The Europa League always divides fans. Is it a chance for a piece of silverware respected by a lot of continental clubs and players, or are Thursday nights a distraction from what really matters? Liverpool do have depth, but whether Brendan Rodgers should focus on one competition or value them equally remains a fair question.
Brendan Rodgers needs European experience, and so does a very young squad that has very little. Only Lucas and Martin Skrtel were around the last time Liverpool were relevant in the Champions League, and there aren’t too many European veterans—or at least wildly successful ones—in the squad amongst the players who have been brought in. Put simply, it’s time for everyone to acknowledge that whether or not the club itself and many of its supporters think the Europa League especially matters, it does.
You have to practice being consistent across four competitions, in particular with a squad that’s so reliant on youth. That means that for me, my perfect world has Liverpool throwing the kids out there for the Europa League and embracing heavy squad rotation for the cups, making it a platform for guys like Lazar Markovic, Divock Origi, Danny Ings, Joe Gomez, and maybe even a few kids like Harry Wilson and Jordan Rossiter—plus Mario Balotelli if he’s somehow still around—to shine.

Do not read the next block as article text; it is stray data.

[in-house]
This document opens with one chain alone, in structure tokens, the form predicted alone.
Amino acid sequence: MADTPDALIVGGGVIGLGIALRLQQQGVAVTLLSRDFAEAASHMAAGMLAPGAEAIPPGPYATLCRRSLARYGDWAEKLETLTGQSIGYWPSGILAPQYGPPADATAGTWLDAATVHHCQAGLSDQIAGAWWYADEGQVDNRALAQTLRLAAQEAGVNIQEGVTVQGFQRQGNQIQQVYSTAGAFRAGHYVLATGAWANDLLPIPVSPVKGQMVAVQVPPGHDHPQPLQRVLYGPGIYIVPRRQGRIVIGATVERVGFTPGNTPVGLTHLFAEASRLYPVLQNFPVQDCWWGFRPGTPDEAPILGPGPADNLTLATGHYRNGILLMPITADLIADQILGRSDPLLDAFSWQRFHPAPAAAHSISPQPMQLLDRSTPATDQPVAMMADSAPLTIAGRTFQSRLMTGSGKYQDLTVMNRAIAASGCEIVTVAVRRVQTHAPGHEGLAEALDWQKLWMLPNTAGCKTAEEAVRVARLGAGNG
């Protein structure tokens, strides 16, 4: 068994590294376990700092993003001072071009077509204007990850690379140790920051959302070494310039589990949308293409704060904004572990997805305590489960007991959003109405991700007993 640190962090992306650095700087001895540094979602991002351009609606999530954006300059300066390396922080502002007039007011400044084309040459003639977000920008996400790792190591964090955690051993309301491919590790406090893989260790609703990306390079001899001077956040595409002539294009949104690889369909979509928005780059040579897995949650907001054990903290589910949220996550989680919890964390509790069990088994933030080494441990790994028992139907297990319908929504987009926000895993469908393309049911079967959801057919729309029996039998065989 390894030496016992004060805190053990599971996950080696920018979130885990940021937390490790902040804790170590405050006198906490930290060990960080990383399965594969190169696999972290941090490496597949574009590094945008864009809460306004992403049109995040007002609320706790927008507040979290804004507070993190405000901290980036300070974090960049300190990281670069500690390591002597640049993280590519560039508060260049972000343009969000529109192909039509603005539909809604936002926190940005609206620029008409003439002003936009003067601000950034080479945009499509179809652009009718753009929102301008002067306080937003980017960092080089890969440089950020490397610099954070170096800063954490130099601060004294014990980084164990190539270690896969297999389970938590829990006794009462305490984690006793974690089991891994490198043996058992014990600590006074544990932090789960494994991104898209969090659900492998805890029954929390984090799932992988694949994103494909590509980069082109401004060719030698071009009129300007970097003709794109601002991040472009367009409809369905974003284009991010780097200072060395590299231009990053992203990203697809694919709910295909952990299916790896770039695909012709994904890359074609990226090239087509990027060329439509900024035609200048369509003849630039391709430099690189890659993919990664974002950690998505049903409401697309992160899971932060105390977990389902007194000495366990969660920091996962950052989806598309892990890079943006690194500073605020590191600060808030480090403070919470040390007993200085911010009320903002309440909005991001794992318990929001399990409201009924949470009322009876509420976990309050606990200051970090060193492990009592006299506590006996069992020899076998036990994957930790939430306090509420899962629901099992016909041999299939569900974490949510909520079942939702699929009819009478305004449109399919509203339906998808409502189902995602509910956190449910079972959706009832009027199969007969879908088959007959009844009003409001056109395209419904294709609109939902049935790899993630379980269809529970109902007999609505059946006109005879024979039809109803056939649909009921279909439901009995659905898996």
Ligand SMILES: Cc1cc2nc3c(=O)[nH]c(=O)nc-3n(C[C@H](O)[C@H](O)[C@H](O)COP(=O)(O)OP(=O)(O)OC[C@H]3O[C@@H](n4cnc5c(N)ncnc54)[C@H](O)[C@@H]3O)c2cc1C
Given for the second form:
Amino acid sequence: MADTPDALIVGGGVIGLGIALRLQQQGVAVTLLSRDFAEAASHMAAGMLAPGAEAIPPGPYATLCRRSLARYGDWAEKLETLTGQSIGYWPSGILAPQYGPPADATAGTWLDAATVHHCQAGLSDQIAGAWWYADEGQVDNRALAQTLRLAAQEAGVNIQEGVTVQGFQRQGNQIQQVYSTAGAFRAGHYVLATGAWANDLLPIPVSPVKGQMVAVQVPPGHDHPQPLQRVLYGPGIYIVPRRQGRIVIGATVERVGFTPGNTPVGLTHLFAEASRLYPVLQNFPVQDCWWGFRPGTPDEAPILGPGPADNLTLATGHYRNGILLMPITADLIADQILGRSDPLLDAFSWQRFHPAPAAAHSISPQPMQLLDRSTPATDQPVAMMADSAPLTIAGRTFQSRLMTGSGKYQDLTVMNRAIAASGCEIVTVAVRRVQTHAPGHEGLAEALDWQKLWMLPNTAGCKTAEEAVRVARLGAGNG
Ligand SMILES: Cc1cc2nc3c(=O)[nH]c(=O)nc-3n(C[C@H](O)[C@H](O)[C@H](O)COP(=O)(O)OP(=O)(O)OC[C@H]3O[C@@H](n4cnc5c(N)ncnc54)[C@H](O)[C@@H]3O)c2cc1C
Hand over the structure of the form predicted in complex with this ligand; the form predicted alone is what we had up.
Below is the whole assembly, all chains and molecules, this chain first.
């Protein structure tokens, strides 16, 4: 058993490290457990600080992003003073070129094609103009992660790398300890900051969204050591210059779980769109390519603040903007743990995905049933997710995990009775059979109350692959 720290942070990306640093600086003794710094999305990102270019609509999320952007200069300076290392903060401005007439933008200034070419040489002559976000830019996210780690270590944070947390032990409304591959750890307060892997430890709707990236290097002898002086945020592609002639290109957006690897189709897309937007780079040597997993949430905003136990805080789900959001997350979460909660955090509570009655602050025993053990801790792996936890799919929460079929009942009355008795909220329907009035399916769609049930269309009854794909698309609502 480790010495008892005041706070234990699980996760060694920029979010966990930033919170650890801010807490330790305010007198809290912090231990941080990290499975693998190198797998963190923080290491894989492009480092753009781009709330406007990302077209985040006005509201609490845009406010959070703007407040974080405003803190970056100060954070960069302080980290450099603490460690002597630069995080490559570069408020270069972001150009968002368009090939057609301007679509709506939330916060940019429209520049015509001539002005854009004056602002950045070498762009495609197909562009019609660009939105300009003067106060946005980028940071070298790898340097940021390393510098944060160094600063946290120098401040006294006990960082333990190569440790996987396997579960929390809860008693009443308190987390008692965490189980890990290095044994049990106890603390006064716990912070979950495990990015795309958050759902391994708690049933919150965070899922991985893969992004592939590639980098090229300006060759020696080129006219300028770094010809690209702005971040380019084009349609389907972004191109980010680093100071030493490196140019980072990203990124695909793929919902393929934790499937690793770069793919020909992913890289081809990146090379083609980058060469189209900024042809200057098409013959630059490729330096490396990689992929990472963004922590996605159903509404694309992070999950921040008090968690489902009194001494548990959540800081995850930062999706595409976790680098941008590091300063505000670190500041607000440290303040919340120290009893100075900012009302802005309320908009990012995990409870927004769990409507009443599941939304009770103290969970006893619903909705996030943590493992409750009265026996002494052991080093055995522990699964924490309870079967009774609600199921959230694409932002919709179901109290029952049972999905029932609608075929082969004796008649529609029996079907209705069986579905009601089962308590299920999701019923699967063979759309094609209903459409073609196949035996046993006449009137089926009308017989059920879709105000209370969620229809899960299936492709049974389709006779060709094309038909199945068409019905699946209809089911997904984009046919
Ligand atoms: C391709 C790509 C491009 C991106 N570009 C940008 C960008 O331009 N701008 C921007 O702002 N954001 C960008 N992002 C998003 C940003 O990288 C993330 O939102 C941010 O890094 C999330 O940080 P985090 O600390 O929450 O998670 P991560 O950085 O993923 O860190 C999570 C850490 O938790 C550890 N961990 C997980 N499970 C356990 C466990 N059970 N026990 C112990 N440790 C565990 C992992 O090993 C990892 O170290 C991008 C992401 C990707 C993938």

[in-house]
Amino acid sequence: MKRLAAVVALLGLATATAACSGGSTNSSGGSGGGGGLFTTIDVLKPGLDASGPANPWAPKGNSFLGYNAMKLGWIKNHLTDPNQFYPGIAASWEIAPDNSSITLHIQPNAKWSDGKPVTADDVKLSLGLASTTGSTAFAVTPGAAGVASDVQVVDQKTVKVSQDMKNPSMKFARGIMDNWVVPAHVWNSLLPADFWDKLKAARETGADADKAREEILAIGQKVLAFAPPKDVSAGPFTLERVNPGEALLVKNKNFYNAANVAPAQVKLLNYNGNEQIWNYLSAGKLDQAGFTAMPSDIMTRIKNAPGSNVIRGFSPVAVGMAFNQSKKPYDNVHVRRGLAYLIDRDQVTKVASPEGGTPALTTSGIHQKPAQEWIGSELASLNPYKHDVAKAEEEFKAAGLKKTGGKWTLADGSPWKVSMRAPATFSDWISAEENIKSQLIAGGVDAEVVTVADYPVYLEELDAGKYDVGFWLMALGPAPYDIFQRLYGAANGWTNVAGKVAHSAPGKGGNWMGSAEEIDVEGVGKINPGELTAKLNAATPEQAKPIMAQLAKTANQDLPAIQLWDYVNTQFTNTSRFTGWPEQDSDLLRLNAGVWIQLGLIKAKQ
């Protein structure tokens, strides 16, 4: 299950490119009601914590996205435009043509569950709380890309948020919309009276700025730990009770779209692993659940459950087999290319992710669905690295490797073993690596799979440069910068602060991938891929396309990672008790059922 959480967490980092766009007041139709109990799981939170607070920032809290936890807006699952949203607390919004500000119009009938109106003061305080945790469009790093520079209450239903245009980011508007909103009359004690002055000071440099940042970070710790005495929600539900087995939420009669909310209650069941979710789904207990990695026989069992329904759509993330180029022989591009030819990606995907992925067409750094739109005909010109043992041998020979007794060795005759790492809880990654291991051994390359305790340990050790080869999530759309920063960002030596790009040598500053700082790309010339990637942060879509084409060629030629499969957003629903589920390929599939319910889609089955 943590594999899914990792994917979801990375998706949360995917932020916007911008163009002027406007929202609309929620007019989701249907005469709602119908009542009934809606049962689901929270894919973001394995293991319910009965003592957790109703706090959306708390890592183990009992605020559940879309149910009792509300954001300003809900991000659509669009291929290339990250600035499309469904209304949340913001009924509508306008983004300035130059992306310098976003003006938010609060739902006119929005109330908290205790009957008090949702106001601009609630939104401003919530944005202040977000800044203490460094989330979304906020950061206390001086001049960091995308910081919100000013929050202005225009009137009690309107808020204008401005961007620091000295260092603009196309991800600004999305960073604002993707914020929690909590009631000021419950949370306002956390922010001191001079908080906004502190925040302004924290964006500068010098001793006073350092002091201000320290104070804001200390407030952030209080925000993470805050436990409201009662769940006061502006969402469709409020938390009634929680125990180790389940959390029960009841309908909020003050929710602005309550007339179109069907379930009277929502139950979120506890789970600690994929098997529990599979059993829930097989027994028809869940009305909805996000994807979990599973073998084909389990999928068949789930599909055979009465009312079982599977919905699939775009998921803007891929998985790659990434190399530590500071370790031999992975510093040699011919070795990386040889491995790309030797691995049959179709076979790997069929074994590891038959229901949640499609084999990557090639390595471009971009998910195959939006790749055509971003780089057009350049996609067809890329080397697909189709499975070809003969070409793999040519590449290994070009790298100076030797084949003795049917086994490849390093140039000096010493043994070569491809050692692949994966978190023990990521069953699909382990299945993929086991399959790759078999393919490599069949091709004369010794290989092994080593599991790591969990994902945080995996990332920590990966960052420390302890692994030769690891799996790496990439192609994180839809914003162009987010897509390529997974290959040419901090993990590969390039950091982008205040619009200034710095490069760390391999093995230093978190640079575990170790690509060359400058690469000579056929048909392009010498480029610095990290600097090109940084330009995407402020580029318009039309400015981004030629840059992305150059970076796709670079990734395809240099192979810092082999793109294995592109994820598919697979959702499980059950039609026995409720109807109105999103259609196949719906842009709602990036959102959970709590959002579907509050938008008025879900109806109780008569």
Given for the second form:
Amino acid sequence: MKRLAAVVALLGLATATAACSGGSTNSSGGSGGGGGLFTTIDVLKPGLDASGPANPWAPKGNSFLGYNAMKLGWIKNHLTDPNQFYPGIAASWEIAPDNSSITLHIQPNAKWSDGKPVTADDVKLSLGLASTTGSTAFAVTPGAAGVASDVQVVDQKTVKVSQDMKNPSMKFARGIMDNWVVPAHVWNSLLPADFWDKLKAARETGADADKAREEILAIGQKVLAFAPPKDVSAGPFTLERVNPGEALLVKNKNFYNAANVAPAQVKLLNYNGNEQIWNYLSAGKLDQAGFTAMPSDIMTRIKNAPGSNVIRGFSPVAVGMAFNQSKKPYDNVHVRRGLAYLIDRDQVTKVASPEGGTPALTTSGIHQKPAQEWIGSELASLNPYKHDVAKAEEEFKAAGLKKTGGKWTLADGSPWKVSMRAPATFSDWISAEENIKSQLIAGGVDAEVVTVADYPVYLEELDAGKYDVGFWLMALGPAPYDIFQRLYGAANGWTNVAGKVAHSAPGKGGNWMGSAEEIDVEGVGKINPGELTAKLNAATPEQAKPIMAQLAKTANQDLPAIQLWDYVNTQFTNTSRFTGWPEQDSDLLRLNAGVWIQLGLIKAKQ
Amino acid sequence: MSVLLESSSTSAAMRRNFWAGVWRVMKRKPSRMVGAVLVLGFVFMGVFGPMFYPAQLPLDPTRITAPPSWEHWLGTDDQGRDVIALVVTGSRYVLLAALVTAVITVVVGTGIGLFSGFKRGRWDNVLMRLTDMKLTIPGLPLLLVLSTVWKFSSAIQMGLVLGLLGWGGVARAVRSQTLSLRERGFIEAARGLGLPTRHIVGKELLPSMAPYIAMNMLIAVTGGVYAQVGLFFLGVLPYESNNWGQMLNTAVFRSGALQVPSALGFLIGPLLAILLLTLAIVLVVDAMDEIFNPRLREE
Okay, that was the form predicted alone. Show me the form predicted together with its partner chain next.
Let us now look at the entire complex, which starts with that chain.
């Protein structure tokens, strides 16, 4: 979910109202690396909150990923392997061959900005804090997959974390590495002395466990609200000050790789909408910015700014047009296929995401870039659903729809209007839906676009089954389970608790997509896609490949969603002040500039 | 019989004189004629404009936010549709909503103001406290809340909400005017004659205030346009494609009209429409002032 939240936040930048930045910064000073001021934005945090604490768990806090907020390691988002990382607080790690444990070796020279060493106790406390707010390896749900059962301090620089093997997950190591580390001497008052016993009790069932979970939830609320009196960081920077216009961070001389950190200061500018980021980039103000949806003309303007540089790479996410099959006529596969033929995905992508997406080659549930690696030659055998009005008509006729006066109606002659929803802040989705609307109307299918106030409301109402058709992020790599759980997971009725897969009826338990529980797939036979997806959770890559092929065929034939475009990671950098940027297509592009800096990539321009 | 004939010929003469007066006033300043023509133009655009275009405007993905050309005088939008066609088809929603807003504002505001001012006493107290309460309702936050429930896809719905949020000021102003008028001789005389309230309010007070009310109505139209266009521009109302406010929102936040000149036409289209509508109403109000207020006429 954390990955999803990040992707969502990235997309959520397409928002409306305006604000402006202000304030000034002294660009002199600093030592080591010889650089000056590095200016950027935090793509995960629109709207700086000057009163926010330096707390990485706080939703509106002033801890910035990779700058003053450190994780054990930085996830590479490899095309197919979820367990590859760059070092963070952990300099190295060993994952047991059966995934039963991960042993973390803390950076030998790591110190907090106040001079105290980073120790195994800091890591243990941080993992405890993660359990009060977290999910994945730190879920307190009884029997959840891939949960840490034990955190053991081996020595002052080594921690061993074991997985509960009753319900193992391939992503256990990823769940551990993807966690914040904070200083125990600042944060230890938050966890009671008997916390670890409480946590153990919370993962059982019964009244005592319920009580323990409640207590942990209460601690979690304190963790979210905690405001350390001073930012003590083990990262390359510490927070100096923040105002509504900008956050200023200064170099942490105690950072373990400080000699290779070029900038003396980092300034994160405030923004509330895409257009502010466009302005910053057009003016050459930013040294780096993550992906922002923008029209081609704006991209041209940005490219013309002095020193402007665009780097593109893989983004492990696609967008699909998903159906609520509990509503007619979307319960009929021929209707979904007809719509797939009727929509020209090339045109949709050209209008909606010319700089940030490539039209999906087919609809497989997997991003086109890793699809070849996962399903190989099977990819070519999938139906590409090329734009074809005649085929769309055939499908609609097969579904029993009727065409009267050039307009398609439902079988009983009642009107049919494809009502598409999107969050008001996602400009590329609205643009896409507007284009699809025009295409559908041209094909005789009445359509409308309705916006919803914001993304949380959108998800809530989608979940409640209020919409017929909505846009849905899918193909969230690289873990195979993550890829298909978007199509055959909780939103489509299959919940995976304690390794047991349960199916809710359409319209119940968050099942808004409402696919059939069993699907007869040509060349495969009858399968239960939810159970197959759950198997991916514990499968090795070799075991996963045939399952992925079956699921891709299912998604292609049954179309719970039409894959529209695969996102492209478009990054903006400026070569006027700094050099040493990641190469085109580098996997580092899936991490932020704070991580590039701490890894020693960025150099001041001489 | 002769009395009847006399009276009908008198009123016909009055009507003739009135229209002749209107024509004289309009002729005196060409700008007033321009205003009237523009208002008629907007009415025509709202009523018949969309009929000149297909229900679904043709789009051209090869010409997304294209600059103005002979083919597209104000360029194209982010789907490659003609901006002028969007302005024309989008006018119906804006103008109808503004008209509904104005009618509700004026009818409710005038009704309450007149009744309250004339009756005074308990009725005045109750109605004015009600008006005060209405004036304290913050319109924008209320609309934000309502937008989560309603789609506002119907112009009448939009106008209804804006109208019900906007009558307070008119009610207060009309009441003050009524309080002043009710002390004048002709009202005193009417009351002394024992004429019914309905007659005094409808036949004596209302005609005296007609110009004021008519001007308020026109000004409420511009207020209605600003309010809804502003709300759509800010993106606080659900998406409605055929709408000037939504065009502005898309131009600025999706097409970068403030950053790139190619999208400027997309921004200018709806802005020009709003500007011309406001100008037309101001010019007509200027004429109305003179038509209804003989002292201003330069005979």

By the winter, though, we’ll probably be pinning our hopes on advancement in the Europa as a last shot at silverware and debating starting Lucas and Skrtel for the third time in 10 days in an away leg to some cold and far flung multisyllabic destination that’s sure to end in sour, pint-finishing swigs and statements like, “How about those third kits, though…” or “Is that Argentinean on a third-party ownership deal? I thought FIFA banned those?”
The early stages will feel like a drag to most of us, but at worst it should be a chance for Rodgers to give fringe players more game time and an opportunity to try out new tactical set ups. Winning the whole thing would be a huge accomplishment for the club, but even without that there’s the silver lining of experience to be had.
I know I shouldn’t, but like a lot of people, I put the Europa League in the same category as the League Cup: wake me up when we start smelling silverware. I absolutely cannot bring myself to care about the early stages of the competition, and there’s always a bitter taste in my mouth, knowing it’s an inherently inferior tournament to Champions League. Of course, I hope we do well in the Europa League, as I do think winning begets winning. And that little carrot at the end of the stick—Champions League qualification—can make a deep run into the tournament begin to seem exciting.